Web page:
I like gay pride parades, I think firemen can be hawt, but I don't think anyone should be required to participate in them against their will.
posted by me & my monkey at 3:50 PM on August 8, 2007


Having been to Mardi Gras a couple of years ago, I can emphatically say that not even waving your dick at a police officer was an arrestable offense in that situation.

Mardi Gras in N.O. might be a slightly different situation than asking your average female cop elsewhere in the country to display her sweater puppies.
posted by MikeMc at 3:53 PM on August 8, 2007


But it's likely much closer to "Show me your hose" at a gay pride parade.

"Sorry, no, your response is bullshit. Without getting into whether intimidation is required for harassment to exist, or what exactly intimidation or harrassment require, it is not part of their job to deal with assholes any more than it's your job to deal with assholes."

Dude, they get paid to put out fires and ride in parades. The asshole quotient surrounding those two situations is huge. It's not a supervisor's job to ensure that the public will always be sensitive to the feelings of any given employee. The supervisor has NO CONTROL over any folks on the street. Just like how any boss couldn't be charged with sexual harassment for the actions of construction workers next door— you'd have to charge the construction workers.
posted by klangklangston at 3:58 PM on August 8, 2007


Saying "Show us your tits" to an officer is not an arrestable offense. Interferring with their duties is. It would be sexual harassment in another context.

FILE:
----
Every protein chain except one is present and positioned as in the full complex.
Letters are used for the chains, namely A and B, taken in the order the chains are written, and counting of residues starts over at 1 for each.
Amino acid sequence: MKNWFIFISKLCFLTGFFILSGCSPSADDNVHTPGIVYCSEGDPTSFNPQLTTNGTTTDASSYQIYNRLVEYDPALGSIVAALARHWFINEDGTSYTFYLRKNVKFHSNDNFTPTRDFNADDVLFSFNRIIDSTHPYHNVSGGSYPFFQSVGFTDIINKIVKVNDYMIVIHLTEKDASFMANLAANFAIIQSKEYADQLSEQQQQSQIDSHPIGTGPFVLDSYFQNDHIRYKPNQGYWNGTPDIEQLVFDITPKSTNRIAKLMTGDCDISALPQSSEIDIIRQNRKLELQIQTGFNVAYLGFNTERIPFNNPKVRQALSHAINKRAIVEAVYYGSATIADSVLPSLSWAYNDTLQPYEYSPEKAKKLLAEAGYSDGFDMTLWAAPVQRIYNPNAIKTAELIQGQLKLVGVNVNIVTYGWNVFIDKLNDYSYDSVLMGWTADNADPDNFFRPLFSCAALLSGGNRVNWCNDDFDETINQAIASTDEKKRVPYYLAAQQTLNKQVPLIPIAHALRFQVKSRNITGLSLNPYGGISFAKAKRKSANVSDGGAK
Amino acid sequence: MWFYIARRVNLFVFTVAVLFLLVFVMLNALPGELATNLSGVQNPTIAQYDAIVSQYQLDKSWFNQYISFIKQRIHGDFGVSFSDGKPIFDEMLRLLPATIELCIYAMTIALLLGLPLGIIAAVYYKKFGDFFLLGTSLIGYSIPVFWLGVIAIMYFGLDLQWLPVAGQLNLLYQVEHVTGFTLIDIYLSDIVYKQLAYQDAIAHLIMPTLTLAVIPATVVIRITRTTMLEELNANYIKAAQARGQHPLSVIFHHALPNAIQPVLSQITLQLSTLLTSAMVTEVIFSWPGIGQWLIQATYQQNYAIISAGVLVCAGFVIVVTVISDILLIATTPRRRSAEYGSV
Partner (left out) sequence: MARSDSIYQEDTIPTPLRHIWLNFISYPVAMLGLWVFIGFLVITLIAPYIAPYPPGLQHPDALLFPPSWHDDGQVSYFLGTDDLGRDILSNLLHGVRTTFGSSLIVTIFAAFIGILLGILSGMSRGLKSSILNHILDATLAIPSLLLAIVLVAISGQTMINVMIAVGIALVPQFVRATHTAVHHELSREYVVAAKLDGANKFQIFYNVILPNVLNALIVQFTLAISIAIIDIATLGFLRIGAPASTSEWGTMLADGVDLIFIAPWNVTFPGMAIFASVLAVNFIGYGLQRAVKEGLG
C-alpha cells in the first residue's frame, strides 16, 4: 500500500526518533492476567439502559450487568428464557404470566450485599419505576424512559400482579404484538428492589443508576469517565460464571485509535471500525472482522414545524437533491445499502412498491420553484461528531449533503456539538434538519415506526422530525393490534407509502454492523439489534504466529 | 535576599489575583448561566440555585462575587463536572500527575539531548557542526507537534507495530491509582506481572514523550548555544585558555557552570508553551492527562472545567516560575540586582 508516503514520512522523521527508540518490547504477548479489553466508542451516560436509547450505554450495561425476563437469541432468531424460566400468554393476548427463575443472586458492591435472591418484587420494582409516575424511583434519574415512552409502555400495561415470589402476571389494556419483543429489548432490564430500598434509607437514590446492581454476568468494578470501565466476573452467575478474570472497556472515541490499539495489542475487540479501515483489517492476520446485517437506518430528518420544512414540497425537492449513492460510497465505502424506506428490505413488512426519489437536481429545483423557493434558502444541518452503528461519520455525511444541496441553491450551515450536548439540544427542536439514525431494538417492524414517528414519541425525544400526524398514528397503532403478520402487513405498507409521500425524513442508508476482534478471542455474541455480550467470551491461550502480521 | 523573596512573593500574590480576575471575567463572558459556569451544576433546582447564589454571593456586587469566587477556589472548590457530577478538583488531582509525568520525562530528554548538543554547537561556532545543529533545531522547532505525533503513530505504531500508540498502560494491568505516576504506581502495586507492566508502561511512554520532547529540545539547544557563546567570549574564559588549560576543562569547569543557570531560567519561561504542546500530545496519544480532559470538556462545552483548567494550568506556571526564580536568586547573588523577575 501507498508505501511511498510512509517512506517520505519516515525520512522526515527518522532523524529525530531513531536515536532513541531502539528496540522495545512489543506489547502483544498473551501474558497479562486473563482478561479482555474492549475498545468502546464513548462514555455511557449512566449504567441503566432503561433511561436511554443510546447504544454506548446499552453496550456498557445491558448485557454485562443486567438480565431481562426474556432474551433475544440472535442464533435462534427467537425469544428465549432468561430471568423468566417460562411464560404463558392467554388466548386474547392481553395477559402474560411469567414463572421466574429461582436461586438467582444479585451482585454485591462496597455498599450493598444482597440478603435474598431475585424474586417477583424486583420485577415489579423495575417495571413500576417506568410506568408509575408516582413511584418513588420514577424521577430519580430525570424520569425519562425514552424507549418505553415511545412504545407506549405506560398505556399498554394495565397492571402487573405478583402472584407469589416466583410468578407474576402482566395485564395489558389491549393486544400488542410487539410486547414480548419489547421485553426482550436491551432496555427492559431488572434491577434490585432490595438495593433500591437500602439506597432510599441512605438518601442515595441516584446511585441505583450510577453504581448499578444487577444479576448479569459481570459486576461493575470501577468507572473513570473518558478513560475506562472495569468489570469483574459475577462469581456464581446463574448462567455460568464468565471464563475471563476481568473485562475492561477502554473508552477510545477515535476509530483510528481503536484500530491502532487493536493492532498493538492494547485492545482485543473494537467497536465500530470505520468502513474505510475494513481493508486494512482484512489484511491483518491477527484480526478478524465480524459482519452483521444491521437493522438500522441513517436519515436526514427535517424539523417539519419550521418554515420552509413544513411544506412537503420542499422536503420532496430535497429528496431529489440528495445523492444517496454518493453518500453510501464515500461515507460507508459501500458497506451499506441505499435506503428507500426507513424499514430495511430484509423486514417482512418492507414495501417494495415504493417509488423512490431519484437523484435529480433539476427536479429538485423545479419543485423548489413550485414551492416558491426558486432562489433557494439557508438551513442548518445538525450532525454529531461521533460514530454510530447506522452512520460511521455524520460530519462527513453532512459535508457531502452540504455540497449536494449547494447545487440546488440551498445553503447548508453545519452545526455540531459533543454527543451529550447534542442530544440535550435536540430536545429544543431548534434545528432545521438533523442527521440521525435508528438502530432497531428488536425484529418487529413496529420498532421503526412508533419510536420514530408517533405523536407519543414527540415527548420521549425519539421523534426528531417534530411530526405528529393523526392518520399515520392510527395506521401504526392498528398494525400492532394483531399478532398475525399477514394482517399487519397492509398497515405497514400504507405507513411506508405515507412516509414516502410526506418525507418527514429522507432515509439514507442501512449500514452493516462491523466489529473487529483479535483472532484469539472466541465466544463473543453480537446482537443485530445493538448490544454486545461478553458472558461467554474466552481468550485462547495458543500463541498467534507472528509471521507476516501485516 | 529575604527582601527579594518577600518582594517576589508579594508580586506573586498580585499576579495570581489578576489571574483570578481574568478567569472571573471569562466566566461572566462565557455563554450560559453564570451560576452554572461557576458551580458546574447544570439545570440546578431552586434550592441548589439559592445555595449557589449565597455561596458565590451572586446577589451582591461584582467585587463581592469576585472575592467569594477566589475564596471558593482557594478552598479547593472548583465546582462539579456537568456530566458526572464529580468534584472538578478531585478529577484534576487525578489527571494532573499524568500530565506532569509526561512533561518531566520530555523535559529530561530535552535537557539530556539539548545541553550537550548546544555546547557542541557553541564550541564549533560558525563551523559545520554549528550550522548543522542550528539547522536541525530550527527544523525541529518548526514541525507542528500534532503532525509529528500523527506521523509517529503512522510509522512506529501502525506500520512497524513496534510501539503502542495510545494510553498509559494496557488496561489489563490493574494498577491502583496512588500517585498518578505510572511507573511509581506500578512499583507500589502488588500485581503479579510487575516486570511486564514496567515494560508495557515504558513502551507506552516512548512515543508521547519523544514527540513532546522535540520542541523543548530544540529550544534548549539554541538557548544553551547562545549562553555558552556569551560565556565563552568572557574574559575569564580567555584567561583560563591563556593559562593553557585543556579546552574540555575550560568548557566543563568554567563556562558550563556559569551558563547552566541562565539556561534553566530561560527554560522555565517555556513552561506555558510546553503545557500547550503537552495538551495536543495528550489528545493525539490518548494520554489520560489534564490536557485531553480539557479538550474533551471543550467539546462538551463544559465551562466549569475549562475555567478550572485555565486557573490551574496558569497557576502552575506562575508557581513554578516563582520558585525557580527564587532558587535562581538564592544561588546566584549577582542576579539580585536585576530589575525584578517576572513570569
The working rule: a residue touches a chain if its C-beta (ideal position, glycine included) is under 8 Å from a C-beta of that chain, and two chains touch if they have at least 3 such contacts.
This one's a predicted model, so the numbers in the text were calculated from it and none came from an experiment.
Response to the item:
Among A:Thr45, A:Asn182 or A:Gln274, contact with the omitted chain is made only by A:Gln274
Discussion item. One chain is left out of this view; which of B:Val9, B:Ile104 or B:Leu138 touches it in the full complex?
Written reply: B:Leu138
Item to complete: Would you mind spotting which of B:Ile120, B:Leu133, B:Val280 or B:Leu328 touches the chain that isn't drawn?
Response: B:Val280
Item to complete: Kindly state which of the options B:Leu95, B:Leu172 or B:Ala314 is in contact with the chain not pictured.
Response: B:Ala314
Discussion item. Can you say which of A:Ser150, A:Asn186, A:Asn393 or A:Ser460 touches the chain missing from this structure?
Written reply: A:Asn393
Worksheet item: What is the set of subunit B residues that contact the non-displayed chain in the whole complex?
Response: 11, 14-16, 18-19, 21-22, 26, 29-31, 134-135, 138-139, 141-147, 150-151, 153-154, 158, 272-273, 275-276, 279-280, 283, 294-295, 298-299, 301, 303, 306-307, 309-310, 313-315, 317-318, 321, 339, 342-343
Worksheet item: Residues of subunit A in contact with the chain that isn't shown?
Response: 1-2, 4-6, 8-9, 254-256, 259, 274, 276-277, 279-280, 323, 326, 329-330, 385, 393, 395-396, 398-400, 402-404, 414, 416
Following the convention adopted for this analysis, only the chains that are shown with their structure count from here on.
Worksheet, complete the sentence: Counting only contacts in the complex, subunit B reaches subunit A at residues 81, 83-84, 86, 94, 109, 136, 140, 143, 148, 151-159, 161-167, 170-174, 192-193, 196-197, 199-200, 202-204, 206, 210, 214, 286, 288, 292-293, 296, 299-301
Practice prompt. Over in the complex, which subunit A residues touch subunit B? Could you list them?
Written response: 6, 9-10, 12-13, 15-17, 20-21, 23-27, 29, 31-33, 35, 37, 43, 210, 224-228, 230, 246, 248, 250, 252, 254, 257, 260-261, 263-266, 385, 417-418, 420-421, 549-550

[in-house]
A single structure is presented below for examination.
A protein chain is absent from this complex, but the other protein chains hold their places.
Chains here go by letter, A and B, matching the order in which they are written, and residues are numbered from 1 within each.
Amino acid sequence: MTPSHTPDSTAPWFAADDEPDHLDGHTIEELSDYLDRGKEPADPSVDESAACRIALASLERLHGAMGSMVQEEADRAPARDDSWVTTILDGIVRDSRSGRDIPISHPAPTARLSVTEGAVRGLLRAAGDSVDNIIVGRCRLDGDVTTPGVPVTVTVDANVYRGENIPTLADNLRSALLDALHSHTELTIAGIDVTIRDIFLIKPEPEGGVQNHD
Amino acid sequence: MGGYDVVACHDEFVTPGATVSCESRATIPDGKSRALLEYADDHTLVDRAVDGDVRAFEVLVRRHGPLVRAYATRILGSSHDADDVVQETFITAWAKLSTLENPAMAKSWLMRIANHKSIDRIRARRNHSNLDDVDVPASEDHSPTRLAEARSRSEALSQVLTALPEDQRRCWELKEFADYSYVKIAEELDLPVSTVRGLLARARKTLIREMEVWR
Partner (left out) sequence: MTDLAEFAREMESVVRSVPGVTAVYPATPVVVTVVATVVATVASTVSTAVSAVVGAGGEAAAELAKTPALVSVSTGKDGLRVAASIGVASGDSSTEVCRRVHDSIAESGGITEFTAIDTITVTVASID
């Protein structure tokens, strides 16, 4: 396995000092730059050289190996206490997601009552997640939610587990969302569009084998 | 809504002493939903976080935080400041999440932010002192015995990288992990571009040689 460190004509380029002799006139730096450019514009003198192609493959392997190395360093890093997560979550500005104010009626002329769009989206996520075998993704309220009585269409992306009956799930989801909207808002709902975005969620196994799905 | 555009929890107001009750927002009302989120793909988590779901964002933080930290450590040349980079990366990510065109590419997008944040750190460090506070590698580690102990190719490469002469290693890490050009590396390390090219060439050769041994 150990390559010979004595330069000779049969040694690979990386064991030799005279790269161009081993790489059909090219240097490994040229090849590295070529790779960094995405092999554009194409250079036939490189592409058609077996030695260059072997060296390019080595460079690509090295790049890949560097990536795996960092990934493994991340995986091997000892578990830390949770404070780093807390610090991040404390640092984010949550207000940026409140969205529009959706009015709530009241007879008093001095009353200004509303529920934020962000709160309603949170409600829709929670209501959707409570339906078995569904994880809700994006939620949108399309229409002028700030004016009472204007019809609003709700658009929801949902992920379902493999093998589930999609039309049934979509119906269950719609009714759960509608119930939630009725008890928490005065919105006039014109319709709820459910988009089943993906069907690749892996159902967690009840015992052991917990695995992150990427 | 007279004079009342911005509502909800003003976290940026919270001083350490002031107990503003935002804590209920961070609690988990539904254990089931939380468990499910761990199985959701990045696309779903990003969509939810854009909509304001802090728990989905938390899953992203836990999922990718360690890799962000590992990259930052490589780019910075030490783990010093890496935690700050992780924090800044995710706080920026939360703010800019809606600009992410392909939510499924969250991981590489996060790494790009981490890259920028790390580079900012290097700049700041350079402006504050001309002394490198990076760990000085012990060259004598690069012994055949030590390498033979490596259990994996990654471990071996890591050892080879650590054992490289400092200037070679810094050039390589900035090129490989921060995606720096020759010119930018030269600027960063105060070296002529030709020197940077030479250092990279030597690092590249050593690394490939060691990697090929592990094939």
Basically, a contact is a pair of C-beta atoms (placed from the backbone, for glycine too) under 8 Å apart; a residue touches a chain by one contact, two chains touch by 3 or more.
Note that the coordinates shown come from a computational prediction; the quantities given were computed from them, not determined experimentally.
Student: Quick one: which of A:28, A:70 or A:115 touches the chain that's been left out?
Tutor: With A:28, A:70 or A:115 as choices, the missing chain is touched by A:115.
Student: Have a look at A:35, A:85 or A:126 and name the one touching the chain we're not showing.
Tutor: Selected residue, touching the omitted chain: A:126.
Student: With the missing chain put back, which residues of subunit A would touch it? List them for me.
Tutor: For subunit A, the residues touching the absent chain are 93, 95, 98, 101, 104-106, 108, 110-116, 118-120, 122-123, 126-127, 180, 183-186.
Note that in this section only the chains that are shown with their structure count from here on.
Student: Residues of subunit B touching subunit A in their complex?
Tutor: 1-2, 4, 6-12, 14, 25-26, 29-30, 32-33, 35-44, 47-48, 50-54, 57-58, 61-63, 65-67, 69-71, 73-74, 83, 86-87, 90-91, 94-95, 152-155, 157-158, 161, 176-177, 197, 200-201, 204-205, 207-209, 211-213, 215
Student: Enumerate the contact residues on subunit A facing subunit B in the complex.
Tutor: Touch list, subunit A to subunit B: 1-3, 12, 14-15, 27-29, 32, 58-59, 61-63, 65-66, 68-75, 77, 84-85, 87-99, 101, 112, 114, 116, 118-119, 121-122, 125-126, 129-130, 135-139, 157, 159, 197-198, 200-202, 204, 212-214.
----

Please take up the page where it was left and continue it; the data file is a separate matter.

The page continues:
Well, just using Arizona state law for a minute:

"13-2905. Loitering; classification

A. A person commits loitering if such person intentionally:

1. Is present in a public place and in an offensive manner or in a manner likely to disturb the public peace solicits another person to engage in any sexual offense;"

or even:

" 13-2921. Harassment; classification; definition

A. A person commits harassment if, with intent to harass or with knowledge that the person is harassing another person, the person:

1. Anonymously or otherwise communicates or causes a communication with another person by verbal, electronic, mechanical, telegraphic, telephonic or written means in a manner that harasses.

2. Continues to follow another person in or about a public place for no legitimate purpose after being asked to desist.

3. Repeatedly commits an act or acts that harass another person.

4. Surveils or causes another person to surveil a person for no legitimate purpose.

5. On more than one occasion makes a false report to a law enforcement, credit or social service agency.

6. Interferes with the delivery of any public or regulated utility to a person."